A lovely way to use up the rest of the fresh ricotta, plus some farmers market basil and tomatoes for bonus points. They held together beautifully while staying lighter and fluffier than your average storebought potato gnocchi. Holy dairyfat though—this is pretty much (deliciously flavored) cheese and butter on a plate by the time you're done. 6-8 slightly-larger-than-tablespoon-sized gnocchi makes a totally reasonable serving size, and this recipe makes 4 of those servings.
2 larger-than-fist-sized tomatoes, chopped
1/2 onion, peeled
3 T butter
salt to taste
Make the sauce by putting the ingredients in a saucepan and letting simmer for 45 min to an hour, stirring occasionally. When it's as thick and smooth as you want it, remove the onion and use.
2 c homemade ricotta, very well drained
1 egg + 1 extra white
1/4 c finely grated Parrano cheese
1/4 c finely sliced basil
1/4-1/2 c flour
salt to taste
extra flour and boiling water
Make the gnocchi by beating together all of the ingredients very well, whipping the ricotta separately first and adding the flour last. You want to add the smallest amount of flour that allows the gnocchi to not fall apart when you boil them, and mine held together with zero problems with 1/2 c flour—you could probably get away with less.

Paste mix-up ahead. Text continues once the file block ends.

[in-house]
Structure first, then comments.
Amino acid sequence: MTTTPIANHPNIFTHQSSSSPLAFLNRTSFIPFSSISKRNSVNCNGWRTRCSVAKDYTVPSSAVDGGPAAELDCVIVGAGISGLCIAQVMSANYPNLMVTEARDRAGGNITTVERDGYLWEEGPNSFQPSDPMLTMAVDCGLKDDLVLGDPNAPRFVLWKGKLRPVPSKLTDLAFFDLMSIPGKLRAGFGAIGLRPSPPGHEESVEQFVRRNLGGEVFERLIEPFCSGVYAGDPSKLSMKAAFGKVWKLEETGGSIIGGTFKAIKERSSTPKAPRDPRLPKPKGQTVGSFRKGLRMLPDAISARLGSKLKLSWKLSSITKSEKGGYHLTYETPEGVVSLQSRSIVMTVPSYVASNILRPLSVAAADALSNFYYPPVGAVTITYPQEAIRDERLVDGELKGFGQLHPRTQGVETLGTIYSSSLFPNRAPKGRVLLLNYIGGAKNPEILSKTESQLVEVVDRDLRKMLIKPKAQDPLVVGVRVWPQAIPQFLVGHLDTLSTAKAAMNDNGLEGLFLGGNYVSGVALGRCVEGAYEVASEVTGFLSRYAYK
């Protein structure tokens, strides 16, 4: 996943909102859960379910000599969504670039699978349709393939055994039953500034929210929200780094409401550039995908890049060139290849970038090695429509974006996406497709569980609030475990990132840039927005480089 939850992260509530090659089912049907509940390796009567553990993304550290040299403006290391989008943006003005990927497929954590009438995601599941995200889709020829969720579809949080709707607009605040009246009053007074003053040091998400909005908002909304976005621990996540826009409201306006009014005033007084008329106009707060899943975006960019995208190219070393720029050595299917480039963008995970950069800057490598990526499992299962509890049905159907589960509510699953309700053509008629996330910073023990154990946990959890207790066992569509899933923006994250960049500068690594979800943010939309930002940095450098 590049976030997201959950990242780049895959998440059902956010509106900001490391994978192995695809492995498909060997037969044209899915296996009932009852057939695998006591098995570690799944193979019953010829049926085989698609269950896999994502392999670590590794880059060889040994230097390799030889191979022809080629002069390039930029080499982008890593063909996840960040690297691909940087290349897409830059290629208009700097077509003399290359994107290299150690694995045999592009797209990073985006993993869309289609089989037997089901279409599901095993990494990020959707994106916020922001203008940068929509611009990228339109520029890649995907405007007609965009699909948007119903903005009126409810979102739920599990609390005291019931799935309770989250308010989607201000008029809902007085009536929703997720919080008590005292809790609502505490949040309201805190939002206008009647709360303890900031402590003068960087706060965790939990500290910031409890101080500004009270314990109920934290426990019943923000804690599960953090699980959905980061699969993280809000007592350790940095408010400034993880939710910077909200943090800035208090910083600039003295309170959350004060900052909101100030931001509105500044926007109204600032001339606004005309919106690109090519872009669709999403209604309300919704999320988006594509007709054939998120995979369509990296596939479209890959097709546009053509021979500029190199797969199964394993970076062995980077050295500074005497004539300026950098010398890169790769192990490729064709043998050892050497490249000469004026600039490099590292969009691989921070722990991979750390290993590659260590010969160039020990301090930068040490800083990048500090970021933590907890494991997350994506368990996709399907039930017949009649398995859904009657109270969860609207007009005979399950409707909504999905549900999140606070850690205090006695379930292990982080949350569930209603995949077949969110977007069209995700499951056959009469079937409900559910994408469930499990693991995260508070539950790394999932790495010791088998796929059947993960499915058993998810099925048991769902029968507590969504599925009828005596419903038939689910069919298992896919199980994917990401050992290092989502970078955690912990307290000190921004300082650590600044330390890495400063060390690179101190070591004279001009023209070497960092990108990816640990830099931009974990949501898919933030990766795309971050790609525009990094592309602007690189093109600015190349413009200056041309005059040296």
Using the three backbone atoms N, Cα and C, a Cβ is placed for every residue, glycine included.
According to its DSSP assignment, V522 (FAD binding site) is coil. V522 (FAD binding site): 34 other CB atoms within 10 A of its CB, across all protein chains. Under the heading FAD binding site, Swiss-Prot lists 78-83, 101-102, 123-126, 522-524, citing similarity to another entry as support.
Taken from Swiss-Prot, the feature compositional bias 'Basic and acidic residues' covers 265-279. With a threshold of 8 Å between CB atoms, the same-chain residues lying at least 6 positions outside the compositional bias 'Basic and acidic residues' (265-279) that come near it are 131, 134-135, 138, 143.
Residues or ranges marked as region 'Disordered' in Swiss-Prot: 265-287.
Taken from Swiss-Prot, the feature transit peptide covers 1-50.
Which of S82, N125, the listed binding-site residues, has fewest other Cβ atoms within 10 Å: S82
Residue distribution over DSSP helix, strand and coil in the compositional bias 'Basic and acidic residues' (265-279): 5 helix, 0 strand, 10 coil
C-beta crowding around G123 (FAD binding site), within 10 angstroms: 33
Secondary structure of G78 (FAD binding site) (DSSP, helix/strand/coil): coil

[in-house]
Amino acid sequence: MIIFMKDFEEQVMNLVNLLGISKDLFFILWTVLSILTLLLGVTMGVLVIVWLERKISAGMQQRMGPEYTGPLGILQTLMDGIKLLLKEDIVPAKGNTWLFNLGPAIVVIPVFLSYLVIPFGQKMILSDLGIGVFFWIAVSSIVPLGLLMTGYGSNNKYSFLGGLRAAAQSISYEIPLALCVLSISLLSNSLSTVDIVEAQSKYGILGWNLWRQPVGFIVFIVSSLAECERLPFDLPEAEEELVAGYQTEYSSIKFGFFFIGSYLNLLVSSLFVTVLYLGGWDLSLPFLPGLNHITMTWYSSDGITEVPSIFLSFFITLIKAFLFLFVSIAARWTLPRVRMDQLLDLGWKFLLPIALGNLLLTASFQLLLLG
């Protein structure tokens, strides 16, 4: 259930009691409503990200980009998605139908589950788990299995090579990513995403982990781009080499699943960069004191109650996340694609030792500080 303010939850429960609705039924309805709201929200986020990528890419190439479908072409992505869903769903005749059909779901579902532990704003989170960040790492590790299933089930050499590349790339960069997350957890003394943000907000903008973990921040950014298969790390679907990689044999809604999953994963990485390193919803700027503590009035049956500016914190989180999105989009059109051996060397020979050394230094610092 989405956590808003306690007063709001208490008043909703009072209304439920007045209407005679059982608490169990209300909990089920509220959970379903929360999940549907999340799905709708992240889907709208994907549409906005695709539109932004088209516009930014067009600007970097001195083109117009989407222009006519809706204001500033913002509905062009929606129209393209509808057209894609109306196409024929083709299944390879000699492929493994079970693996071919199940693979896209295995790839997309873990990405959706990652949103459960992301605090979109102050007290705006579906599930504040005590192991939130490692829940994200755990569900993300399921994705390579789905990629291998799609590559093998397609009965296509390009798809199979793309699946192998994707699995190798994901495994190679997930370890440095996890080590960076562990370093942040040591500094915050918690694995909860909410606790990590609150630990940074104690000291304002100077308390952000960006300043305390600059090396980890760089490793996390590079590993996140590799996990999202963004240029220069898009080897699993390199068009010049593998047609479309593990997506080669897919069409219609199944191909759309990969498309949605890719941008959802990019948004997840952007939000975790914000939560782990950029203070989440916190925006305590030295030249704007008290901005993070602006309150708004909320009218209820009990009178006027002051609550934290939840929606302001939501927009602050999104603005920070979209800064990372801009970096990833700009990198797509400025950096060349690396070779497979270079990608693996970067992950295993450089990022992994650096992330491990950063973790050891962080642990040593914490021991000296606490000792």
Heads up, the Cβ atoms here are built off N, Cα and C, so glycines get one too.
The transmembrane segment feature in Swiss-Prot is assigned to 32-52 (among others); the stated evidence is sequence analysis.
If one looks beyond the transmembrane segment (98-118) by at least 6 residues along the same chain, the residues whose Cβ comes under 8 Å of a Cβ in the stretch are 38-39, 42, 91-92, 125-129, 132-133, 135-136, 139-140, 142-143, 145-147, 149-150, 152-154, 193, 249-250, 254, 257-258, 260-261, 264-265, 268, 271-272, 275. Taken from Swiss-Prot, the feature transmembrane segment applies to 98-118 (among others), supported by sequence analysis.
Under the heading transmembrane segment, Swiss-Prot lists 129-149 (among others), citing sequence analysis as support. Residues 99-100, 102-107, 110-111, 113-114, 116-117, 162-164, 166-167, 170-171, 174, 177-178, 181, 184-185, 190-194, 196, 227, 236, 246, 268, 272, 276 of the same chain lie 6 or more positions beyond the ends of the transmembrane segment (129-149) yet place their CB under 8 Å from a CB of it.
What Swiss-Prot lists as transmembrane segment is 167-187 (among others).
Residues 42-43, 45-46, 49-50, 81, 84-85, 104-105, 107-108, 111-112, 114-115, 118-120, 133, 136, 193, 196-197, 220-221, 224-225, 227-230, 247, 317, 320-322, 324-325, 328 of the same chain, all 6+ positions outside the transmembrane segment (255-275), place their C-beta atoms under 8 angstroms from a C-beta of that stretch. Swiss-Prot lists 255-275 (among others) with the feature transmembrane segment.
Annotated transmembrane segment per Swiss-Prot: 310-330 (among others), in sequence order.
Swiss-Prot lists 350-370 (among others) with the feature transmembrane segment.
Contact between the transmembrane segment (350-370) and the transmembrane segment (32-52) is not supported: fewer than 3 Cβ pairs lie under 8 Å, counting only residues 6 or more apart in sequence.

Start a pot of salted water simmering and put a generous layer of flour in a 9x13 pan or other high-sided flat container. Scoop out a single gnocchi-sized spoonful of dough with a spoon and use your finger to push the lump into the bed of flour. Jiggle the pan to flour all the sides of the gnocchi, flipping it with your finger if needed. Toss the gnocchi between your palms to smooth out the shape and shake off excess flour, then place somewhere relatively nonstick (like a plastic cutting board) until the water boils. Drop the first gnocchi into the water and adjust the water to a slow simmer. Simmer for a few (2-5) minutes after the gnocchi floats to the surface, and taste. Adjust seasonings in the dough if needed (and if the gnocchi held together and is ready for production), and/or add more flour if your gnocchi fell apart (in which case do another test run before shaping the rest of the dough).
When you have gnocchi that can survive cooking, use the same procedure to shape the rest of the dough, then cook only as many as you will eat now (you can freeze the rest). Toss the just-boiled gnocchi with the sauce (which should be nice and thick by now) and eat with Laura while she tells Burning Man stories.